TikTok Owner ByteDance Aims to Build Global Reach Before IPO

TikTok owner ByteDance is focused on hiring staff to beef up global operations before considering an IPO in the U.S. or Hong Kong.

(Bloomberg) -- TikTok owner ByteDance Inc. is focused on hiring staff to beef up its international operations before considering an initial public offering in the U.S. or Hong Kong over the longer term, according to people familiar with the matter.

The world’s most valuable startup is still only at the very early stages of exploring a share sale abroad, the people said. Any float remains a long-term objective given ByteDance first needs to hire a chief financial officer and remains well-funded, the people said, asking not to be named because the matter is private. On Tuesday, the company publicly denied a Financial Times report that it planned a Hong Kong IPO in the first quarter.

ByteDance -- whose TikTok is the venue of choice for half a billion lip-syncing, dancing music video aficionados -- is unlikely to rush into an IPO in the middle of a bitter trade war and rising scrutiny from Washington. Two prominent senators have urged investigations into TikTok, labeling it a national security threat. Senator Marco Rubio has called for legislation to block U.S. government pensions from investing in Chinese corporations, another sign of growing suspicion of the world’s No. 2 economy.

Discussions around an eventual IPO come at a time when ByteDance needs new engines of growth with TikTok on the wane: Global downloads of the video app fell for the first time in the September quarter. It was TikTok that propelled ByteDance to a valuation of $75 billion, a global phenomenon that became one of the few Chinese internet companies to achieve global success.

This year, the Beijing-based giant hired executives to head up its business in the U.S. and India and is now seeking to expand its Australian and European teams to broaden its international reach, the people said. At the same time, ByteDance has been looking for a buyer for its U.S. news service TopBuzz, one of the people said, to rid itself of an under-performing business.

The company hasn’t yet hired investment bankers for its IPO and such a complex offering often takes several months of preparation once bankers and a finance chief are in place, one person said. The earliest likely timing of an IPO is the second half of 2020 even if a CFO is hired in the near future.

What Bloomberg Intelligence Says:

Its monetization ambitions may expand into online games and e-commerce to compete with Tencent and Alibaba. ByteDance could be an emerging challenge to global platforms such as Facebook with the success of TikTok.

- Vey-Sern Ling, analyst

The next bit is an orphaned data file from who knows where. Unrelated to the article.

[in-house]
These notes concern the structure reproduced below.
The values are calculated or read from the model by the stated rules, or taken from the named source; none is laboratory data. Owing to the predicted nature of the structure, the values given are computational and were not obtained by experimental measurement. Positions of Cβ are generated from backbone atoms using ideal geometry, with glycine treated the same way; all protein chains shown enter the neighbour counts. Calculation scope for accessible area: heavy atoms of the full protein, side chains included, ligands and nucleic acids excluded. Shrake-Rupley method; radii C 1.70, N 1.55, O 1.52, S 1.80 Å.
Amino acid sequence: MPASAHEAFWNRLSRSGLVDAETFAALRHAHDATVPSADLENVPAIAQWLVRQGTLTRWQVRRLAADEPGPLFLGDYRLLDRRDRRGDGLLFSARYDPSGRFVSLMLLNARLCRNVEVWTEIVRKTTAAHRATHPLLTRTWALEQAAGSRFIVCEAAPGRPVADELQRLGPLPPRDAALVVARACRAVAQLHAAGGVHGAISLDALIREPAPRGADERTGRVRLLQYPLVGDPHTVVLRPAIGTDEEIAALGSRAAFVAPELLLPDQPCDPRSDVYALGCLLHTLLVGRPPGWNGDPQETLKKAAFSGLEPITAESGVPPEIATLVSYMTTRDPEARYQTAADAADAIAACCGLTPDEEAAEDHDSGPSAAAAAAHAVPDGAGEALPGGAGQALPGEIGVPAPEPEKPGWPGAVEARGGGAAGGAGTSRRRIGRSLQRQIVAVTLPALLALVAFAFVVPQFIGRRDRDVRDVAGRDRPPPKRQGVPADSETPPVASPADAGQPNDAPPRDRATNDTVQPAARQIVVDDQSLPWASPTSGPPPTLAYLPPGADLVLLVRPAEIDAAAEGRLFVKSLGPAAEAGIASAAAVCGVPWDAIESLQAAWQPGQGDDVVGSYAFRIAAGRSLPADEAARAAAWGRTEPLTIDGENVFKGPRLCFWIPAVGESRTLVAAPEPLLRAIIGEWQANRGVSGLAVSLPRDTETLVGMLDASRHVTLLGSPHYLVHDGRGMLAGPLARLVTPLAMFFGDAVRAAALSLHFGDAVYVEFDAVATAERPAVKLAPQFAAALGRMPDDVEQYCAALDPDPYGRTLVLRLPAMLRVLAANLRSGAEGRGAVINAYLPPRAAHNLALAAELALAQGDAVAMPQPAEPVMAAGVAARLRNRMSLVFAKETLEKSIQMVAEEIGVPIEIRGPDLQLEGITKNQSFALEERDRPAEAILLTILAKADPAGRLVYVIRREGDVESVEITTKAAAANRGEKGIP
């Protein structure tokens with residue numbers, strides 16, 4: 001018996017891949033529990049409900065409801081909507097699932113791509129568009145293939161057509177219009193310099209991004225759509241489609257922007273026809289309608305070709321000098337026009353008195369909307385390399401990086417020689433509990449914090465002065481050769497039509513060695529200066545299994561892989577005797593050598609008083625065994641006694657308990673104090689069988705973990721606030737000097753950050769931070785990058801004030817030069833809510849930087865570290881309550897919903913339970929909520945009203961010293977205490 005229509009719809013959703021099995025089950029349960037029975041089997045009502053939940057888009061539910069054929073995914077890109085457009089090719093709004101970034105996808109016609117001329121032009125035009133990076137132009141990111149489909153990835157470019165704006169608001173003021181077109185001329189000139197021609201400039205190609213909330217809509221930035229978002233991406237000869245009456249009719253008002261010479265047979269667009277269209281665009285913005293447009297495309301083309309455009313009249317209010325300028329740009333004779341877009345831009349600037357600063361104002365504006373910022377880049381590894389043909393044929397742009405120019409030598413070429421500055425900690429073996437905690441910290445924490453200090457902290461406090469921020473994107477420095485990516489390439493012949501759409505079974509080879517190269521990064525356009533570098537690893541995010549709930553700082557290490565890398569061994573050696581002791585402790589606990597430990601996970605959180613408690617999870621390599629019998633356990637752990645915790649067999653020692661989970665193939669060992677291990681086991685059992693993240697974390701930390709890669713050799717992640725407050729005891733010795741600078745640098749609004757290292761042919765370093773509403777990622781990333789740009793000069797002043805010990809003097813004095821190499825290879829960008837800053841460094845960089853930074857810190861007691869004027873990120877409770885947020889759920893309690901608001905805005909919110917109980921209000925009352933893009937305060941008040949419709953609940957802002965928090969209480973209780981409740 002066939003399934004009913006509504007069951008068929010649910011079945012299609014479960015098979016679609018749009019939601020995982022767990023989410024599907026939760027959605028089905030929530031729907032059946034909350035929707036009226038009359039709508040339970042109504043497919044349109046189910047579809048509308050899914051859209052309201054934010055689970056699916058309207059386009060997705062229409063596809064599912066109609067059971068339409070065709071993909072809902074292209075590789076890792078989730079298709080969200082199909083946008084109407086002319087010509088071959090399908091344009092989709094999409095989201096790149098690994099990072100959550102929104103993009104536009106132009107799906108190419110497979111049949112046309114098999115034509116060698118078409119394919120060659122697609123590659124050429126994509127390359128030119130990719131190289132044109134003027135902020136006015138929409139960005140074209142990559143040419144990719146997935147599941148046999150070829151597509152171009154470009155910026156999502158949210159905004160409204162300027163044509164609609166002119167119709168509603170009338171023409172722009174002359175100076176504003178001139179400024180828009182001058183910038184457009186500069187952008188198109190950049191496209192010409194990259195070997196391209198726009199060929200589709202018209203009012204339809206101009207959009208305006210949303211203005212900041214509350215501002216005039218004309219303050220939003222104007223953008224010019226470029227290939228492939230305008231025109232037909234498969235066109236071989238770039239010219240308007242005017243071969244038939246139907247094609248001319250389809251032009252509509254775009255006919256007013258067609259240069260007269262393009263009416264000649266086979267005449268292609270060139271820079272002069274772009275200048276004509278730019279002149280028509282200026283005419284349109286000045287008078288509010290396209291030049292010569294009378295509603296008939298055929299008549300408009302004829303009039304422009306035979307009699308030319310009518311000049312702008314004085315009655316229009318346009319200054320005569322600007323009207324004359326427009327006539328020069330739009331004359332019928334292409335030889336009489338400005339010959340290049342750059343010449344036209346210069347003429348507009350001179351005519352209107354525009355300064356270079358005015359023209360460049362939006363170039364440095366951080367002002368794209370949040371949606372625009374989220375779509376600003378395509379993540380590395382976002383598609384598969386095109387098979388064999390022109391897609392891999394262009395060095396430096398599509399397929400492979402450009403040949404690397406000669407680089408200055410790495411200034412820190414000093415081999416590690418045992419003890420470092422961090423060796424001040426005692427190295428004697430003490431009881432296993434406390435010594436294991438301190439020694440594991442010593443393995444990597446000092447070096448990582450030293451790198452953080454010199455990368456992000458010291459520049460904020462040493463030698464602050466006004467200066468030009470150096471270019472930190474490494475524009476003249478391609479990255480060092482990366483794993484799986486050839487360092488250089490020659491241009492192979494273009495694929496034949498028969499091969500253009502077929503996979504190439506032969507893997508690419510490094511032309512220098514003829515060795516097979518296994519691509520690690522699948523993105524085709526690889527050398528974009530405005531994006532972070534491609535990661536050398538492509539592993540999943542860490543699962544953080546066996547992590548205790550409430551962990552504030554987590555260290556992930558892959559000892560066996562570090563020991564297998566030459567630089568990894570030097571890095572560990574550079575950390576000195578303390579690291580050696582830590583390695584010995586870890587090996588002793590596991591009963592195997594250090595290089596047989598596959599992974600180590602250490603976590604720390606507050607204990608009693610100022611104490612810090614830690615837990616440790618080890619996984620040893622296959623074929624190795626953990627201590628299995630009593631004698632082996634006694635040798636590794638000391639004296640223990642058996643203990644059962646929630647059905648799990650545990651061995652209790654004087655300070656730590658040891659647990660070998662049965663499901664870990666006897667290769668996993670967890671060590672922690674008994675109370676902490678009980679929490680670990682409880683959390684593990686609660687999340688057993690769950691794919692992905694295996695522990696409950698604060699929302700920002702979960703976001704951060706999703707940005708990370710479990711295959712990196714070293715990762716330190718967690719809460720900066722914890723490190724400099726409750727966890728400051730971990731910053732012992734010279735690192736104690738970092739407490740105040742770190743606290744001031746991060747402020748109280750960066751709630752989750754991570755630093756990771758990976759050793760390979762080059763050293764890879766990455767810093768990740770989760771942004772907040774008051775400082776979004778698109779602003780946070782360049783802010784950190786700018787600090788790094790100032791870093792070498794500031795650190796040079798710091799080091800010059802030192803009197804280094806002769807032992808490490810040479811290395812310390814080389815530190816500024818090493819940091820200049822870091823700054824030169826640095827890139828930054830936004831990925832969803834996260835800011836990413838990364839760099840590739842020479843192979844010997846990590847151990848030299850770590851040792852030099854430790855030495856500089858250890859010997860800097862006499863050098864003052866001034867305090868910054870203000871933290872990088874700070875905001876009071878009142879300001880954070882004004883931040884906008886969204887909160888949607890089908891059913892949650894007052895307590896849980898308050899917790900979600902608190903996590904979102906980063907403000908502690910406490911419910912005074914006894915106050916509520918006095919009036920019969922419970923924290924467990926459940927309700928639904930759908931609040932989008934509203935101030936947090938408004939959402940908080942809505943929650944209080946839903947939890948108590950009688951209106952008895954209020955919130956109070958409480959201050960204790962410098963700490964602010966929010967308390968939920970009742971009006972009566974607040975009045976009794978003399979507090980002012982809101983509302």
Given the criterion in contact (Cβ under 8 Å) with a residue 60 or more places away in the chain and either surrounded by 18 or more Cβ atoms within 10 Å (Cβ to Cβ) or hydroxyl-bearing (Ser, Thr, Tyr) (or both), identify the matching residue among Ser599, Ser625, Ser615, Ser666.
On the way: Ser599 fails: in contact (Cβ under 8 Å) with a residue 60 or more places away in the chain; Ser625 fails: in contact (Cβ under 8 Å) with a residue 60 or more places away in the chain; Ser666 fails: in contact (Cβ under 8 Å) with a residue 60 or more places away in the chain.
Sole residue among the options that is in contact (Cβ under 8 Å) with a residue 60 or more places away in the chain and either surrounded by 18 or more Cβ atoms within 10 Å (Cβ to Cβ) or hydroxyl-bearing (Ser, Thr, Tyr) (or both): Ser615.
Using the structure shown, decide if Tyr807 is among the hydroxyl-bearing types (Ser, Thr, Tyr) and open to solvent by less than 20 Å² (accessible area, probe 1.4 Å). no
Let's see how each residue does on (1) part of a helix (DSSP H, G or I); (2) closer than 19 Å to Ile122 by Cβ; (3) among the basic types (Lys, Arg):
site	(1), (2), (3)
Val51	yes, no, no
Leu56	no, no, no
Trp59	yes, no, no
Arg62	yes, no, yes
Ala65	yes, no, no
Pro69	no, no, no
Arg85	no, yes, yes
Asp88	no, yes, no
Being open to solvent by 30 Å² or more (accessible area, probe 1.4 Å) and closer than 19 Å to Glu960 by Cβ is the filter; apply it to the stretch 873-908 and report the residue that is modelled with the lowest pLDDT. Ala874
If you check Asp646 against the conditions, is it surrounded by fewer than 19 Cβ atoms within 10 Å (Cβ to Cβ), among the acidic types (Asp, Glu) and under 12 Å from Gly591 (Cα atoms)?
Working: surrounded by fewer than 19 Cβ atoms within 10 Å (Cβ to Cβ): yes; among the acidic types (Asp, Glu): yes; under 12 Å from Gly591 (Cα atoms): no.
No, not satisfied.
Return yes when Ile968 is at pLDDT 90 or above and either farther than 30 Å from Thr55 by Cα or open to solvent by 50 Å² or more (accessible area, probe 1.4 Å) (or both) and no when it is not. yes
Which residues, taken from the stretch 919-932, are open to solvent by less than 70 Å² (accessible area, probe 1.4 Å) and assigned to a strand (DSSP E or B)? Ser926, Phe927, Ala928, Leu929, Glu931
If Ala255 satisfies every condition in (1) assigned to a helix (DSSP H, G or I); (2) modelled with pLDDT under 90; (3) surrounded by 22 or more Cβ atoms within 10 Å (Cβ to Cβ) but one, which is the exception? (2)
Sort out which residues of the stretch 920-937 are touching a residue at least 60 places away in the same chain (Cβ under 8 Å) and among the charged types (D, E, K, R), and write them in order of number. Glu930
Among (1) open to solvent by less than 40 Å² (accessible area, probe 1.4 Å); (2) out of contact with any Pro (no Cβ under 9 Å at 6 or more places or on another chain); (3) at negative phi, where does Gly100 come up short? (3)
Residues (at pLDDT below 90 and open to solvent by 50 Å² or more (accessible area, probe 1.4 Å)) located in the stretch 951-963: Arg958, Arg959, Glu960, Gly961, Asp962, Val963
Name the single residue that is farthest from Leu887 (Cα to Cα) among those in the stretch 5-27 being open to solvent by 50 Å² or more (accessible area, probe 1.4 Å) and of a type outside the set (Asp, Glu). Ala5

Click here for the research.

ByteDance, backed by SoftBank Group Corp., is one of the biggest threats to the dominance of Tencent Holdings Ltd., which operates in virtually every Chinese internet sphere from gaming and social media to payments. Tencent was down more than 1% on Tuesday in Hong Kong. “There is absolutely zero truth to the rumors that we plan to list in Hong Kong in Q1,” a ByteDance representative said in an emailed statement.

A looming concern for ByteDance has always been the fact that it doesn’t have the government-required license to conduct news operations in China, according to the people familiar with the matter. Its first hit product was a news-aggregator called Toutiao, which remains in constant danger of running afoul of regulators. That’s one reason ByteDance has diversified its revenue base by expanding into short-video apps like Douyin and TikTok. Toutiao is now just a slice of its overall business, the people said.

For ByteDance to successfully launch an IPO, the larger issue may be rising scrutiny from Washington, which fears Beijing’s track record of censorship and TikTok’s influence over the content that American kids consume.

Facebook Inc. Chief Executive Officer Mark Zuckerberg called out TikTok this month, citing privacy and freedom of speech concerns. His remarks came after the Chinese firm drew criticism for allegedly scrubbing its platform of politically sensitive content, such as videos of pro-democracy protests in Hong Kong. TikTok, which has denied those allegations, announced this month it has formed a team that includes two former U.S. lawmakers to review its content moderation policy.

“TikTok is a potential counterintelligence threat we cannot ignore,” Republican Senator Tom Cotton and Senate Minority Leader Chuck Schumer said in a letter Thursday to Acting Director of National Intelligence Joseph Maguire.

--With assistance from Candy Cheng.

To contact the reporters on this story: Lulu Yilun Chen in Hong Kong at;Zheping Huang in Hong Kong at;Manuel Baigorri in Hong Kong at

To contact the editors responsible for this story: Peter Elstrom at, Edwin Chan, Vlad Savov

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